Worked Solutions for Lab Class 4: Solving ODEs numerically

In [45]:
import numpy as np
import matplotlib.pyplot as plt
from scipy.integrate import odeint
%matplotlib inline
plt.rcParams.update({'font.size': 14})  # Make the labels larger

Question 1: First-order Ordinary Differential Equations (ODEs).

In [46]:
# Question 1(a)
def dxdt(x,t):
    return -x

h = 0.1;   # h is the spacing in time. 
tmax = 5.0; tmin = 0.0;
n = int((tmax-tmin)/h)  # n+1 is the number of points
ts = np.linspace(tmin, tmax, n+1)  # array of t values
x0 = 1.0;    # the initial condition
xexact = np.exp(-ts)  # This is the analytic solution of the ODE
xs = odeint(dxdt, x0, ts)  # The numerical solution.
plt.plot(ts, xs, 'b+');
plt.plot(ts, xexact, 'r-');
plt.xlabel("t"); plt.ylabel("x(t)");
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# Now plot the error: the difference between the numerical solution and the analytic solution
# (Here it is necessary to convert 'xs' from a 2D array to a 1D array.)
plt.plot(ts, xs.reshape(n+1) - xexact, 'r-');
In [48]:
# The error in the first plot is of order 10^(-8). 
# We can reduce the error by adjusting the optional parameters 'atol' and 'rtol' of odeint.
# These parameters fix the absolute and relative errors that odeint will tolerate.
tol = 1e-11;
xs = odeint(dxdt, x0, ts, atol=tol, rtol=tol);
# Note that the error is now approximately 1000 times smaller than before.
plt.plot(ts, xs.reshape(n+1) - xexact, 'r-');
In [49]:
# Question 1(b). 
def dxdt(x,t):
    return x*(1-x)
x0s = np.linspace(0, 2, 10)
for x0 in x0s:
    xs = odeint(dxdt, x0, ts)
    plt.plot(ts, xs)
# x = 1 is a stable equilibrium and x = 0 is the unstable equilibrium
plt.xlabel('t'); plt.ylabel('x(t)');
In [50]:
# Question 1(c).
def dxdt(x,t):
    return -1/2*(x-1)*x*(x+1)
x0s = np.linspace(-3, 3, 25)
for x0 in x0s:
    xs = odeint(dxdt, x0, ts)
    plt.plot(ts, xs)
# x = +1 and x = -1 are stable equilibria, and x = 0 is an unstable equilibrium. 
plt.xlabel('t'); plt.ylabel('x(t)');

Question 2: The Predator-Prey Equations.

In [51]:
# Question 2(a).
a,b,c,d = 1,1,1,1

def predprey(X, t):
    # X is an array with two elements. The function should return an array of the derivatives of these elements.
    x = X[0]; # rabbits
    y = X[1]; # foxes
    dxdt =  a*x - b*x*y
    dydt = -c*y + d*x*y
    return np.array([dxdt, dydt])

h = 0.1; tmax = 20.0; tmin = 0.0;
n = int((tmax-tmin)/h); ts = np.linspace(tmin, tmax, n+1);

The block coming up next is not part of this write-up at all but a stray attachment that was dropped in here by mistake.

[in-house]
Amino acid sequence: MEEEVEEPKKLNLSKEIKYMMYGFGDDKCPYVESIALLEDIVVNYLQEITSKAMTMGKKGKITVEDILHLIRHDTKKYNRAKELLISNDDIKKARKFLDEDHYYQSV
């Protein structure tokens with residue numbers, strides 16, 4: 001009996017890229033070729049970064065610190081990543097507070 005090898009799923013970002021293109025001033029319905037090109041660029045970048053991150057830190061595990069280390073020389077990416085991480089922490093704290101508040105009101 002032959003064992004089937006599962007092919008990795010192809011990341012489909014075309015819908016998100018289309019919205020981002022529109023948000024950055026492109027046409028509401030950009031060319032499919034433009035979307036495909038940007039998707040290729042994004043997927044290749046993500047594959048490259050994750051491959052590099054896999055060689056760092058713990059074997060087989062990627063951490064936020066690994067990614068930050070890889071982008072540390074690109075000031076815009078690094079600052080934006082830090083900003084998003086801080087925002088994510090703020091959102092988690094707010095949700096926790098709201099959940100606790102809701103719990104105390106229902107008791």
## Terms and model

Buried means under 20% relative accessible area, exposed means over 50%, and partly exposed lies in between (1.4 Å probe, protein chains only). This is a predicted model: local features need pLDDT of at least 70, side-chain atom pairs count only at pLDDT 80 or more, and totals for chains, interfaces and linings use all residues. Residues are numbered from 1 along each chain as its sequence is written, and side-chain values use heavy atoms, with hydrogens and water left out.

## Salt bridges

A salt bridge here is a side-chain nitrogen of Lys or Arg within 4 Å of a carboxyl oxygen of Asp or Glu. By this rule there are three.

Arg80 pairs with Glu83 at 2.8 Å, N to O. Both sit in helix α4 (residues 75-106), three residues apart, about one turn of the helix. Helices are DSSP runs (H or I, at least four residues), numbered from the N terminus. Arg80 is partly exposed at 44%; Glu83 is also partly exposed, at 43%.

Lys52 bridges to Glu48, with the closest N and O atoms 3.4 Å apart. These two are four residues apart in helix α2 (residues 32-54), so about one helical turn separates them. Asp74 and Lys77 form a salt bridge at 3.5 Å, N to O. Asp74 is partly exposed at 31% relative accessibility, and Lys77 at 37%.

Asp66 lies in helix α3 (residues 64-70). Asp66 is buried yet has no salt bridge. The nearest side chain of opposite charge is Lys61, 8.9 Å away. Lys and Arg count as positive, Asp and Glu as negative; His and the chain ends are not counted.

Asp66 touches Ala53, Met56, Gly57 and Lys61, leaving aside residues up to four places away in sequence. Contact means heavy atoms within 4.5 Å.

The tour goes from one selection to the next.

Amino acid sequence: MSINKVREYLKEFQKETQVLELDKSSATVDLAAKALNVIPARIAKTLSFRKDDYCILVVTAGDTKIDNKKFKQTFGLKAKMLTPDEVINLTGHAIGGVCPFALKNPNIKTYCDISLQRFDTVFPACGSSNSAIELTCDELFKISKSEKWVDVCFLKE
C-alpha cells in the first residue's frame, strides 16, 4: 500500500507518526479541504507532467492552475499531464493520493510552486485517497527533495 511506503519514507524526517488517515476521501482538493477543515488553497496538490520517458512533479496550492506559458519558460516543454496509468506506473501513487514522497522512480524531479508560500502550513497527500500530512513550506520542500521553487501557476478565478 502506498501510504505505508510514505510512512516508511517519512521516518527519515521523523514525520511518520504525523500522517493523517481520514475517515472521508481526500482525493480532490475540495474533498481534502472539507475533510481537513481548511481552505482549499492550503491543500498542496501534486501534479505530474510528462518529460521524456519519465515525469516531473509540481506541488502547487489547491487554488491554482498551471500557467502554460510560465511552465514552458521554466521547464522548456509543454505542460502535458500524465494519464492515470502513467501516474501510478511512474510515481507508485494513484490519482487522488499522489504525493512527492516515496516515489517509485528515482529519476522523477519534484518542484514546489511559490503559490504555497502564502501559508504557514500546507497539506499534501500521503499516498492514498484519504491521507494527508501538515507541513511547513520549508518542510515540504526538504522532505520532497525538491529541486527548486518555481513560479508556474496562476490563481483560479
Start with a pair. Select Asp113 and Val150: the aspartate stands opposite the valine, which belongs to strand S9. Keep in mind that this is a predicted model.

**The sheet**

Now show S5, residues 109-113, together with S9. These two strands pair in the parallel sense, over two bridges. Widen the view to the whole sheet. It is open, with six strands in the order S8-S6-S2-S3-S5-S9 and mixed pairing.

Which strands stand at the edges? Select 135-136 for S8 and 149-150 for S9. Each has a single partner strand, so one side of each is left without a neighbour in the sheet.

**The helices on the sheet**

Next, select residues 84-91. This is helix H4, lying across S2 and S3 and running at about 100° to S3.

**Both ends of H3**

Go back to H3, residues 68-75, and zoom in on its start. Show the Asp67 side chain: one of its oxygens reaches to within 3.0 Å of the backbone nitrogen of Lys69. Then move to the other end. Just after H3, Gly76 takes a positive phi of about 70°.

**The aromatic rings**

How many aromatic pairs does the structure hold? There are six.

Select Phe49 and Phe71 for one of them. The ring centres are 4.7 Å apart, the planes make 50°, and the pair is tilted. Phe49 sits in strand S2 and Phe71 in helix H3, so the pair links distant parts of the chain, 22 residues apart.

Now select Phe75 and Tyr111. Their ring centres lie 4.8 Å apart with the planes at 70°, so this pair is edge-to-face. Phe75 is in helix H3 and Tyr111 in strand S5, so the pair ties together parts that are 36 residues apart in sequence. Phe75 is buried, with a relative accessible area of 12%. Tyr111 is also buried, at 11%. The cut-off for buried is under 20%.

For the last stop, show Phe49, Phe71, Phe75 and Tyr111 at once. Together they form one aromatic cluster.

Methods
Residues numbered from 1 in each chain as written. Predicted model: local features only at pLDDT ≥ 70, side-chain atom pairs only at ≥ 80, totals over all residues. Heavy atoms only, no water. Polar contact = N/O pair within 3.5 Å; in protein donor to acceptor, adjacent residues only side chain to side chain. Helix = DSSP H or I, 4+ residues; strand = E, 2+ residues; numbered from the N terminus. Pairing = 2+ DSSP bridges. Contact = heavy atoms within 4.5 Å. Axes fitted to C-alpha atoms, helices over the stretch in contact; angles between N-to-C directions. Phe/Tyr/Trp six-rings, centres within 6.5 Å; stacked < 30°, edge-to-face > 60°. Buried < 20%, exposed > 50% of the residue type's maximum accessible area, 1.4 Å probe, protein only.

ic = (1.0, 1.5)  # initial conditions: (rabbits, foxes).
Xs = odeint(predprey, ic, ts)
# Note that odeint returns a 2D array with 2 columns. 
# Rabbits in the first column, foxes in the second. 
plt.plot(ts, Xs[:,0], 'r-', label="Rabbits");
plt.plot(ts, Xs[:,1], 'b-', label="Foxes");
plt.xlabel("time"); plt.ylabel("Population"); plt.legend();
In [53]:
# Question 1(b): a phase portrait
r0 = 1.0;  # Initial number of rabbits
nseries = 6;  # number of curves on the phase plot
fs = np.linspace(0.2, 1, nseries)  # Initial number of foxes
for k in range(nseries):
    Xs = odeint(predprey, (r0, fs[k]), ts)
    plt.plot(Xs[:,0], Xs[:,1]);
plt.xlabel("Rabbits"); plt.ylabel("Foxes");
In [65]:
# Question 1(c): Try varying parameter 'b', the appetite of the foxes
def predprey2(X, t, b=1.0):  # Make b an optional parameter
    x = X[0]; y = X[1]; 
    dxdt =  a*x - b*x*y
    dydt = -c*y + d*x*y
    return np.array([dxdt, dydt])

bs = np.linspace(0.5, 2.0, 4)
ic = (0.5, 1.0)  # Try starting with this initial condition
for bval in bs:
    # Pass the value of the 'b' parameter through to predprey2 using the optional argument 'args'
    Xs = odeint(predprey2, ic, ts, args=(bval,))
    plt.plot(Xs[:,0], Xs[:,1]);
# Changing 'b' changes the position of the stable equilibrium.

Q3. Second-order equations

Q3(a). After introducing the new variable $y = \dot{x}$, I obtain a 2D set of first-order ODEs: \begin{eqnarray} \dot{x} &=& y \ \dot{y} &=& -2\gamma y - x , \quad x(0) = 1, y(0) = 0. \end{eqnarray}

In [77]:
# Question 3(b)
def oscillator(X, t, gamma = 1.0):
    x = X[0]; y = X[1];
    dxdt = y
    dydt = -2*gamma*y - x
    return np.array([dxdt, dydt])

h = 0.1; tmax = 20.0; tmin = 0.0;
n = int((tmax-tmin)/h); ts = np.linspace(tmin, tmax, n+1);
X0 = (1.0, 0.0) # initial conditions
nseries = 10
gammas = np.linspace(0, 2.0, nseries+1)
for g in gammas:
    # Pass the parameter 'gamma' via the optional argument 'args'
    Xs = odeint(oscillator, X0, ts, args=(g,))
    plt.plot(Xs[:,0], Xs[:,1])
plt.axis('equal');
# The point (0,0) is an attractive limit point if gamma > 0.
plt.xlabel('x(t)'); plt.ylabel('y(t)'); 

Q4. Van der Pol equation

In [87]:
def vanderPol(X, t, a = 1.0):
    x = X[0]; y = X[1];
    dxdt = y
    dydt = a*(1-x**2)*y - x
    return np.array([dxdt, dydt])

h = 0.05; tmax = 50.0; tmin = 0.0;
n = int((tmax-tmin)/h); ts = np.linspace(tmin, tmax, n+1);
X0 = (0.5, 1.0) # initial conditions
nseries = 6
avals = np.linspace(0.2, 2.0, nseries+1)
plt.xlim((-2,2));
for a in avals:
    # Pass the parameter 'a' via the optional argument 'args'
    Xs = odeint(vanderPol, X0, ts, args=(a,))
    plt.plot(Xs[n//2:,0], Xs[n//2:,1])
plt.axis('equal');
# The point (0,0) is an attractive limit point if gamma > 0.
plt.xlabel('x(t)'); plt.ylabel('y(t)');
plt.title("Limit cycles for a = 0.2 to 2.0");

Q4(c). The forced van der Pol equation was investigated in Assignment 2 of 2015/16. See here for a report:
http://sam-dolan.staff.shef.ac.uk/2015/mas212/docs/assign2_report.pdf

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